Peace lily, spider plant, fern, pathos, ivy, aloe. Do you have these houseplants in your home?
Add dracaena (including lucky bamboo), ficus, eucalyptus and philodendron, and you will have a list of effective air cleaners for your home and office.
NASA, when researching life support systems for space stations, found that these common houseplants are excellent at removing pollutants from the air.
Of course, we don't live in space stations, but we do have more toxic gases where we live and work than we did several years ago. Not only are our homes more air-tight than they used to be, the materials in them — such as plastics, particle board, pressed wood and carpet — produce lots of gases. NASA's research showed that houseplants were able to remove up to 87 percent of harmful gases within 24 hours.
Some of the plants listed above are especially effective in certain ways. The peace lily is a good choice for your bathroom as it significantly reduces airborne mold spores and absorbs the acetone and alcohol found in many grooming products. It also loves the more humid atmosphere. Eucalyptus plants have tannins that improve breathing and help prevent congestion, so perhaps you'll want one in your bedroom.
Spider plants and pathos are powerful for clearing the air of carbon monoxide and formaldehyde. Because they release a lot of moisture into the air, Boston ferns not only clean the air, but humidify it, too. English ivy's specialty is absorbing benzene, which is often emitted by office equipment and paper products.
Although other plants can be helpful, too, avoid bringing toxic plants indoors, such as oleander, foxglove, nightshade and creeping Charlie. They are poisonous to eat, so should not be around pets or small children.
Whether foliage plants or ones that bloom, plants help to make people calmer and more optimistic. African violets, for example, while not on the list for their air-cleaning ability, stimulate creativity and the release of endorphins.
Corporations are realizing that being surrounded by greenery enhances productivity as well as creativity, and contributes to a more pleasant working atmosphere. Studies show that hospital patients who face a window where they can see plants recover faster.
It is recommended that you have 10 to 15 plants in an 1,800-square-foot area to be effective. Also, it is a good idea to place those plants within the 6 to 8 cubic feet of areas where you work, sleep or spend most of your time.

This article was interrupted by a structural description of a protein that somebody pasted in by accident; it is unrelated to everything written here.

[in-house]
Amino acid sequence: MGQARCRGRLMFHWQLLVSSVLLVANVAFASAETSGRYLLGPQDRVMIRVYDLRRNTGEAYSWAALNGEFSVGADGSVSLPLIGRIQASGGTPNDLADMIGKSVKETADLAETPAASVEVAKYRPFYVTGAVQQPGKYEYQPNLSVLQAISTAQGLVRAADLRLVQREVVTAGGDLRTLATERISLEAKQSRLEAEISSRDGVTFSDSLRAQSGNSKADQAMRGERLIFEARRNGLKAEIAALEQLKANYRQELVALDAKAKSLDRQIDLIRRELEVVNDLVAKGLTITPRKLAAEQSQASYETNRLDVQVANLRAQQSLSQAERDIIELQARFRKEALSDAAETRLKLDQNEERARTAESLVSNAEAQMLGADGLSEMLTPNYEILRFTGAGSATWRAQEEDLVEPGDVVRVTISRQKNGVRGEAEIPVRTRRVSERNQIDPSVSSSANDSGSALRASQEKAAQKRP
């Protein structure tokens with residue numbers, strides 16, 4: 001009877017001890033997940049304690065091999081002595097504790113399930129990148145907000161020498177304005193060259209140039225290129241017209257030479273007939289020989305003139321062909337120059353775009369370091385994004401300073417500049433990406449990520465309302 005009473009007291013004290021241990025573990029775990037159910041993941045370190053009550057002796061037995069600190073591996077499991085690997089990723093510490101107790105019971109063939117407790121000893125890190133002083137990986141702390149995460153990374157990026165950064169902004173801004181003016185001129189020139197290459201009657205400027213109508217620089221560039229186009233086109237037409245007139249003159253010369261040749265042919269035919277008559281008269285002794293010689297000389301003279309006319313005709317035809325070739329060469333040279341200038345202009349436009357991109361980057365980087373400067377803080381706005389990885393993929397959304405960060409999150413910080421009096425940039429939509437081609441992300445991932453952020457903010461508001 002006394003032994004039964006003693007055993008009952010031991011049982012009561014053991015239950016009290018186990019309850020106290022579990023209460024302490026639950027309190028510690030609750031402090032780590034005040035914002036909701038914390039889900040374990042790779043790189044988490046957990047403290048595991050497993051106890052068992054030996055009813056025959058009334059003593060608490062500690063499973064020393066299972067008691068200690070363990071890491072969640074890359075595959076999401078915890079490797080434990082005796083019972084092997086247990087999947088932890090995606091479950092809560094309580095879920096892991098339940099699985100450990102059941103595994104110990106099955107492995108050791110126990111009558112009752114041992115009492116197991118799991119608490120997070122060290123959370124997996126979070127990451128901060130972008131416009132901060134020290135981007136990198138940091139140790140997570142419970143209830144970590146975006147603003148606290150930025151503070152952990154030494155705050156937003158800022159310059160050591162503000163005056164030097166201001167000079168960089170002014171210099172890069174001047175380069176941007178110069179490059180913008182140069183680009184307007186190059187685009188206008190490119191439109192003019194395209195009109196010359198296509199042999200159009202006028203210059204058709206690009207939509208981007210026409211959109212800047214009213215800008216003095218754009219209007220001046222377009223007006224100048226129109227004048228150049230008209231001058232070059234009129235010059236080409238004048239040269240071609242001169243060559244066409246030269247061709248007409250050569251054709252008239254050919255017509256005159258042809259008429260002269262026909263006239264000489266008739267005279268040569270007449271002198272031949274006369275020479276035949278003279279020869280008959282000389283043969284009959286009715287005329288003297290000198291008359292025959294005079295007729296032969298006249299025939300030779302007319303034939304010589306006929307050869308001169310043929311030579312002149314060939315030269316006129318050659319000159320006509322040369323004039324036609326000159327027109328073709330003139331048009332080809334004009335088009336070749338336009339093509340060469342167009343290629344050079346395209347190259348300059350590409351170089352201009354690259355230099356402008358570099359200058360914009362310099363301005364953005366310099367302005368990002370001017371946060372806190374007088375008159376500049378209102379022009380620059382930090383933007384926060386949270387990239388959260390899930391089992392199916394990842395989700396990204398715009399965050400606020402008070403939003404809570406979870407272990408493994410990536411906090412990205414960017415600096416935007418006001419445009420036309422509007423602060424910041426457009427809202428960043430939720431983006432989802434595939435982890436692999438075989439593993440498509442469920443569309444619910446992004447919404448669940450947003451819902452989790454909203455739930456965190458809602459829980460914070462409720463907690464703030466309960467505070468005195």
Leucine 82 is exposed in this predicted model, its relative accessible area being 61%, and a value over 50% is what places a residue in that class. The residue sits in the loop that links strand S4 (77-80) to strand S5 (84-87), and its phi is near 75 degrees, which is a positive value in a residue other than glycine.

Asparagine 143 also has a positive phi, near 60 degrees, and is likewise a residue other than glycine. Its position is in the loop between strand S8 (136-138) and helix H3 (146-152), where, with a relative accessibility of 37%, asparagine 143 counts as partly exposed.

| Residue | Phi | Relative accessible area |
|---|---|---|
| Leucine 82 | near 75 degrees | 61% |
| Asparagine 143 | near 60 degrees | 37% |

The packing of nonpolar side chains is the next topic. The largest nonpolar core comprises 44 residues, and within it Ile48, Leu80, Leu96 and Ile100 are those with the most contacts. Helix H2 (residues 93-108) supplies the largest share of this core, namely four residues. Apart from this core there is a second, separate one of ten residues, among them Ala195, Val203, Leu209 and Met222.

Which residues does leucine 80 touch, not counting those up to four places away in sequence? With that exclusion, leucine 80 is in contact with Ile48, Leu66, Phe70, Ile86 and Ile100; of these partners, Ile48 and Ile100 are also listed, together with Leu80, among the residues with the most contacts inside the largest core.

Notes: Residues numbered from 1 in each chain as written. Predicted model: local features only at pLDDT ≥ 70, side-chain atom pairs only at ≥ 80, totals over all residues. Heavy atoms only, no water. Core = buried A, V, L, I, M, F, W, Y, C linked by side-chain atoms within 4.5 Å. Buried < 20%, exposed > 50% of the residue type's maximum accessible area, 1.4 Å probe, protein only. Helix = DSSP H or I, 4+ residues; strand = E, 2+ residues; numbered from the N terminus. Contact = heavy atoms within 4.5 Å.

Some people avoid having houseplants for fear they will kill them. Most houseplants, though, thrive on "loving neglect" — in fact, overwatering is the number one killer. If you need further assurance, you might want to buy a moisture meter. When inserted into the pot's soil, it will indicate whether the plant needs water.
Light is another consideration. The plants mentioned like low light, meaning they do not need or want direct sun. In most cases, being near a bright window or even having artificial light will make them happy.
Observe your plant, read about it, and in general, become well acquainted. Repot it every year or two to give it fresh soil, and your living air cleaner will serve you well for many years. A book I recommend is "The Houseplant Expert" by Dr. D.G. Hessayon.
Coming up: Chris Hubert will teach a class on grape pruning for the backyard gardener from 9 a.m. to noon on Saturday, Feb. 8, at the Southern Oregon Research and Extension Center, 569 Hanley Road in Central Point. Participants will learn terminology, how and when to prune, and year-around care. The class will conclude with an outdoor demonstration, so dress for the weather. Cost is $15. Call 541-776-7371 to register.
Carol Oneal is a past president of the OSU Jackson County Master Gardeners Association. Email her at email@example.com.